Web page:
I’m totally not that big of a geek. I’ve never played D&D. Hell I’ve never even seen D&D.
This comes from Chris Hardwick’s book: The Nerdist Way. You might recall, I reviewed it some time ago. He asks that you chose a D&D alignment for your life. It will, apparently, help you make decisions. Plus it’s fun!
So here are our choices (all the examples are pulled directly from the book- I’m not that clever):
Lawful good, “Crusader” EXAMPLES: Batman, Dick Tracey and Indiana Jones.
Neutral Good, “Benefactor” EXAMPLES: Zorro and Spider-Man. I’d pitch the Doctor in this pile too, but some Nerds would shout that he’s more the next one down, Chaotic Good.
Chaotic Good, “Rebel” EXAMPLES: Starbuck from Battlestar Galactic, Malcolm Reynolds from Firefly and Robin Hood. My addition: Dexter Morgan.
Lawful Neutral, “Soldier” EXAMPLES: James Bond, Odysseus and Kiefer Sutherland’s mush mouthed marine in A Few Good Men.
Neutral, “Undecided” EXAMPLES: full time stoners or a chicken running around in your yard.
Chaotic Neutral, “Free Spirit” EXAMPLES: Captain Jack Sparrow, Al Swearengen from Deadwood and Snake Plissen.
Lawful Evil, “Dominator” EXAMPLES: Boba Fett and Magneto
Neutral Evil, “Malefacator” EXAMPLES: General Zod and Sawyer of the early seasons of Lost and Megatron
Chaotic Evil, “Destroyer” EXAMPLES: Carl Denham from King Kong, Riddick from Pitch Black, Darth Maul and Sauron from The Lord of the Rings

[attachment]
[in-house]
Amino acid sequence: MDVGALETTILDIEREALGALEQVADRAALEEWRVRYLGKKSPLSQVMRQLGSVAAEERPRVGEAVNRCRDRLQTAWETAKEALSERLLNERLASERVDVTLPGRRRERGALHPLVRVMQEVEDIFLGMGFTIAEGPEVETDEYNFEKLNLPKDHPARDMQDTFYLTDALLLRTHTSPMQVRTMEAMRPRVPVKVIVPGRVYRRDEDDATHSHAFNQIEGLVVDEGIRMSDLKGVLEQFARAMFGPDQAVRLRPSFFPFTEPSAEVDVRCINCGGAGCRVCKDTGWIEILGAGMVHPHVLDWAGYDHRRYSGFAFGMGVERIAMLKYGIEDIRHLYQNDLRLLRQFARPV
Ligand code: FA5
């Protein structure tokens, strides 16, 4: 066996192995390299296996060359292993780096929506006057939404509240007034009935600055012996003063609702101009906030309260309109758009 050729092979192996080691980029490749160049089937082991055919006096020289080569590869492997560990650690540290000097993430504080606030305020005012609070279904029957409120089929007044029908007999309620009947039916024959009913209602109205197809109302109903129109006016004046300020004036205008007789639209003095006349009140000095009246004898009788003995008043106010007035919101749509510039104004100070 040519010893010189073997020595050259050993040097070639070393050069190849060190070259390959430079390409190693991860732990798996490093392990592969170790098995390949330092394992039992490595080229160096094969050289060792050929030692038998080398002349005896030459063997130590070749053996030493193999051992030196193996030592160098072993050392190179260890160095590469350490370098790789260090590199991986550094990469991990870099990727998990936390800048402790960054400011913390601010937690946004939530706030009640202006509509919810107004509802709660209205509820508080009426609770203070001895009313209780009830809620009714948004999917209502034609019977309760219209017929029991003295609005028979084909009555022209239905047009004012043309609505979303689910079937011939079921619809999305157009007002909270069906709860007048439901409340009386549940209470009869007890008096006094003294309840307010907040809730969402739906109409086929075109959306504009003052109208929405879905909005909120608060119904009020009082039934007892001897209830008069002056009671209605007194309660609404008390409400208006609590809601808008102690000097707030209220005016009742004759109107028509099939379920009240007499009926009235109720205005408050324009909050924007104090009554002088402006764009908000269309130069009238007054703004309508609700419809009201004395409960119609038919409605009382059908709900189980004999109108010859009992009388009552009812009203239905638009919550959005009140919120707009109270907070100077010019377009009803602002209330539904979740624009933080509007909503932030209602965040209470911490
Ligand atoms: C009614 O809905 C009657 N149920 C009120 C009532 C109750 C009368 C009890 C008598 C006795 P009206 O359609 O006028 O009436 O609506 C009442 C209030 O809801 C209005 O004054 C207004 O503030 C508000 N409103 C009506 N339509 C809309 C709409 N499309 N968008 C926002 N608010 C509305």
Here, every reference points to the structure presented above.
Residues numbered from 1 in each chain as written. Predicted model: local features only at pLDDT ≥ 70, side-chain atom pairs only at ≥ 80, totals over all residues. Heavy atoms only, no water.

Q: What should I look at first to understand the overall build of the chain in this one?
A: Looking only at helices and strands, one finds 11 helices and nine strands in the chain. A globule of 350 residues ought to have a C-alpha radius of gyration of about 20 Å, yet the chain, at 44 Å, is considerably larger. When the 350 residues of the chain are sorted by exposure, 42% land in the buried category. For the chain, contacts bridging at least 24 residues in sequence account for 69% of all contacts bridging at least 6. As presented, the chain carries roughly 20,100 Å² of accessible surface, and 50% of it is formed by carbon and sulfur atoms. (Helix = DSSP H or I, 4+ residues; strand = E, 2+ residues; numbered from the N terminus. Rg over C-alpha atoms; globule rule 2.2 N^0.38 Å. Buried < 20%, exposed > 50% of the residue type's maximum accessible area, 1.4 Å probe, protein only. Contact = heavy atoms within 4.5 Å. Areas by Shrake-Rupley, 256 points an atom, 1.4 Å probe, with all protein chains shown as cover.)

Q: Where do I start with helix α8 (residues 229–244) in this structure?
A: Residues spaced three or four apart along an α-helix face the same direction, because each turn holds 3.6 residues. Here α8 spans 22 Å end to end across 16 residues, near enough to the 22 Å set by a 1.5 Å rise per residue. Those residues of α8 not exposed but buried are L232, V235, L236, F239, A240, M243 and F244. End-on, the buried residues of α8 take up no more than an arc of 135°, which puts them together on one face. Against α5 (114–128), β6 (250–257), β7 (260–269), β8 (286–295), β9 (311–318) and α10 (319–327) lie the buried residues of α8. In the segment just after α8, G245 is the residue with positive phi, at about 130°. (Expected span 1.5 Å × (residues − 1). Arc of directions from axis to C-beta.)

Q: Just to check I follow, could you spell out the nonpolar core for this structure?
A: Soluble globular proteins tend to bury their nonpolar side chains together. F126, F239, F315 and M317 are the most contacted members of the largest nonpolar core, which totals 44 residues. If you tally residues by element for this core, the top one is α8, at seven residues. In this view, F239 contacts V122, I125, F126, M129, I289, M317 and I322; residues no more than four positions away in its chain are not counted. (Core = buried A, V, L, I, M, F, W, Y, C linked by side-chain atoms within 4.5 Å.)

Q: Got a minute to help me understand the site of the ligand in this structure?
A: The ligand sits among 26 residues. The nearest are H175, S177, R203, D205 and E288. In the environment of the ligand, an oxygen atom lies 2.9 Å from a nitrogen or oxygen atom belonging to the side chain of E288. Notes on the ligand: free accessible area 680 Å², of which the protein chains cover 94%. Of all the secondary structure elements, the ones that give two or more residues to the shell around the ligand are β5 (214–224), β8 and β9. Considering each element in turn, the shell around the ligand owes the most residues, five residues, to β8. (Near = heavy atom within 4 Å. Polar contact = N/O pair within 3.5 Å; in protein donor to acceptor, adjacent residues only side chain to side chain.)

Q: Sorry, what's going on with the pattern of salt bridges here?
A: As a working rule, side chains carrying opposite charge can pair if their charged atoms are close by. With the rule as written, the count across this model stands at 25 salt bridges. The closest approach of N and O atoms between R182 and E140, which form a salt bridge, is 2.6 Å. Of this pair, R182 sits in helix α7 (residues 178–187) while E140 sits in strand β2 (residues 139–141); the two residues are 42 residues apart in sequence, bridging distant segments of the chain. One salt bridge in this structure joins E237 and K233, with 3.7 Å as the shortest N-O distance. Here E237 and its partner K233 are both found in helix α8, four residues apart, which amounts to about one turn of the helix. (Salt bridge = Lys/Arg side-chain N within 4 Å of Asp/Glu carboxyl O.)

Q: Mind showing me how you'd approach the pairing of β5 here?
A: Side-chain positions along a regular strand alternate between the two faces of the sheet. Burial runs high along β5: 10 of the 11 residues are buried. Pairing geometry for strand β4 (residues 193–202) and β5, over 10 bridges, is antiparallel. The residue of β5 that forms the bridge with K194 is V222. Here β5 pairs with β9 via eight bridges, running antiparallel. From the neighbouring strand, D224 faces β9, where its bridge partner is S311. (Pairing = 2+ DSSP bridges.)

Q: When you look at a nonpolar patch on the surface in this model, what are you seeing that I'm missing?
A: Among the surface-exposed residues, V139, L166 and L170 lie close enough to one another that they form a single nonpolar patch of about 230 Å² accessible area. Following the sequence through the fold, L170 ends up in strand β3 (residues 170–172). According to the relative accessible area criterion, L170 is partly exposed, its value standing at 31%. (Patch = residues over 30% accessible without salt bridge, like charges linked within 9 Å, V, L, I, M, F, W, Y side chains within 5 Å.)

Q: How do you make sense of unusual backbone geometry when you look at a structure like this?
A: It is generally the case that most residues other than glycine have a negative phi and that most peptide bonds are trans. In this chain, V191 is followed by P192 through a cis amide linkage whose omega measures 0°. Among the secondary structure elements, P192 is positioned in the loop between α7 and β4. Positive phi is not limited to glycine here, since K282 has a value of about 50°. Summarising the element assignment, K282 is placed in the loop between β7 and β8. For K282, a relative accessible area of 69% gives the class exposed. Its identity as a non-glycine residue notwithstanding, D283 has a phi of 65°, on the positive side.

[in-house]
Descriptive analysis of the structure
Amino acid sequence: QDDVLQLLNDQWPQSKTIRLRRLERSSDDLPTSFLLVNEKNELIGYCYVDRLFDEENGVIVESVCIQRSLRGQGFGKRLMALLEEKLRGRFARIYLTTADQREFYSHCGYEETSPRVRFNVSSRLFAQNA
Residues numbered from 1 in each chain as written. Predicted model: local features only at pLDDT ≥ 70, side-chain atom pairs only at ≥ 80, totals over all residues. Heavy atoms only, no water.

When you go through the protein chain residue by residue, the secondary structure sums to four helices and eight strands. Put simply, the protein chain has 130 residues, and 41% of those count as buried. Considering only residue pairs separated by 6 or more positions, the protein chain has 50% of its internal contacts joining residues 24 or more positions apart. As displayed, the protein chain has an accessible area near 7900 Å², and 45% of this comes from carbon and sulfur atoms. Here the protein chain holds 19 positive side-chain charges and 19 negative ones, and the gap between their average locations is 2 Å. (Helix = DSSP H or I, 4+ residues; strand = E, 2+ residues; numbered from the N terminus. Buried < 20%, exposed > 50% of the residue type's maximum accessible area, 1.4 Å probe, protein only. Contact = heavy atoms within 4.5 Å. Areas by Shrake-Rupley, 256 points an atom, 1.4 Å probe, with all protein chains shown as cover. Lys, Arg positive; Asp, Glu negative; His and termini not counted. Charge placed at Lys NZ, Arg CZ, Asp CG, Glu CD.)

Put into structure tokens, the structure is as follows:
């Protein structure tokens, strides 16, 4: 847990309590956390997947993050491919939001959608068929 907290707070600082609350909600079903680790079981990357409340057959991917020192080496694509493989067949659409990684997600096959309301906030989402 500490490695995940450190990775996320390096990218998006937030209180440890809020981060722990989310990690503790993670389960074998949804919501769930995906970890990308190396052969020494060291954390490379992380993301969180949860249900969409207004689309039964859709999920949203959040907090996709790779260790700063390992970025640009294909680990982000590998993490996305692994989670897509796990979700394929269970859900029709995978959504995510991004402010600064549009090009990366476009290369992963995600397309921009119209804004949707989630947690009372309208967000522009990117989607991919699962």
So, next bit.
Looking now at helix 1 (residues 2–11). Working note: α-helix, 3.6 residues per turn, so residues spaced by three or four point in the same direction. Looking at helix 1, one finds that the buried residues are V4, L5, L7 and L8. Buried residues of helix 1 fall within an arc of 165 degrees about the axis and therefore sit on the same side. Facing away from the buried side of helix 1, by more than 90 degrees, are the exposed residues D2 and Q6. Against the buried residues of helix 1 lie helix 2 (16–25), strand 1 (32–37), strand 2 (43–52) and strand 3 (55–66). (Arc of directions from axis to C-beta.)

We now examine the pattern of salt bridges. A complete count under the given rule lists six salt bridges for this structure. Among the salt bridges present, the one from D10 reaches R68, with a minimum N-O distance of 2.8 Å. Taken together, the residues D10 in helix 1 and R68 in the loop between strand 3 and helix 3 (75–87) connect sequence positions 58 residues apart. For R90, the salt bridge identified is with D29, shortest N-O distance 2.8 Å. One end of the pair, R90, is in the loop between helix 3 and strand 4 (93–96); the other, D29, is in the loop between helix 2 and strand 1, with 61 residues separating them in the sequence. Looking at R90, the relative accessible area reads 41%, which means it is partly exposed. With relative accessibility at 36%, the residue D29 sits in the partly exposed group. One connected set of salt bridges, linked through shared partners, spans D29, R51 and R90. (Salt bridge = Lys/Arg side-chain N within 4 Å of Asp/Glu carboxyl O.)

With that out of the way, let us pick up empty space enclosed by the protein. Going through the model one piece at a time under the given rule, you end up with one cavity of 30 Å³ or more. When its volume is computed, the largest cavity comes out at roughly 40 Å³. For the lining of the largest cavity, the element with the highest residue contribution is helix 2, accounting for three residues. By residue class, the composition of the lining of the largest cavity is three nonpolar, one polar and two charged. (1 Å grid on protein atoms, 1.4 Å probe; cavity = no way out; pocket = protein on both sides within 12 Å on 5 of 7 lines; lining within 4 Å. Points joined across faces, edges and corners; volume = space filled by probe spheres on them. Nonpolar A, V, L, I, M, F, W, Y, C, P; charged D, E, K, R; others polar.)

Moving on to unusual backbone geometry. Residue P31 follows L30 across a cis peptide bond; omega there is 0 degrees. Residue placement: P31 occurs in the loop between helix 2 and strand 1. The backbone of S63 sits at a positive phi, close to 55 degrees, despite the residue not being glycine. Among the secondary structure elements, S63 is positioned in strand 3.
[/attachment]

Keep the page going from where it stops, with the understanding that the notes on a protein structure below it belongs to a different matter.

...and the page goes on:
Here’s where it gets interesting. I feel I clearly come down in the Neutral Good, Benefactor alignment. But if someone asked me which group I wanted to be in, I think it’s kind of a toss-up between Chaotic Good, Rebel (which, FYI, Chris reasons the Doctor would be in) and Chaotic Neutral, Free Spirit.
It seriously made me stop and think. If I’m currently like Spider-Man, why would I choose to want to be like Malcolm Reynolds or Captain Jack Sparrow? It certainly would seem that Spider-man does more good than the latter two.
And I’m ashamed of the answer. If I’m being honest, I’m tired of being good. I’m bored of doing the right things all the time. I just want to have some fun. Malcolm Reynolds will save the girl, sure. But only because she happens to be handcuffed to the crate of gold he’s busy stealing.
Now, I’ve never stolen anything. Never went through a teenage angst shoplifting phase. (Full disclosure: I might have occasionally stolen a cigarette off my mom or a quarter off a table, but I don’t think that’s relevent here). And I have no plans to start now. But it does sound exciting.
My day goes like this: get up, write, shower, do chores, run errands, write, go to work, help autistic kids, come home, make dinner, watch hockey, write, drink wine, go to bed. You’ll notice that ‘help autistic kids’ fits in quite nicely with my Neutral Good, Benefactor role.
Short of, maybe, get up, drink wine, go to bed, I’d imagine that Malcolm Reynolds day would be extraordinarily different from mine. Would it be better? Is this a case of ‘the grass is always greener?’
Sometimes I enjoy my happy little rut. When someone asks me how things are going, I have a habit of saying, “Fine. Same. Which is basically how I like it.”
I’m not sure that that’s true anymore. When does the time come to do something that’s just for you? And how do you determine whether or not it’s selfish to act that way? If you’re so busy saving other people, who saves you?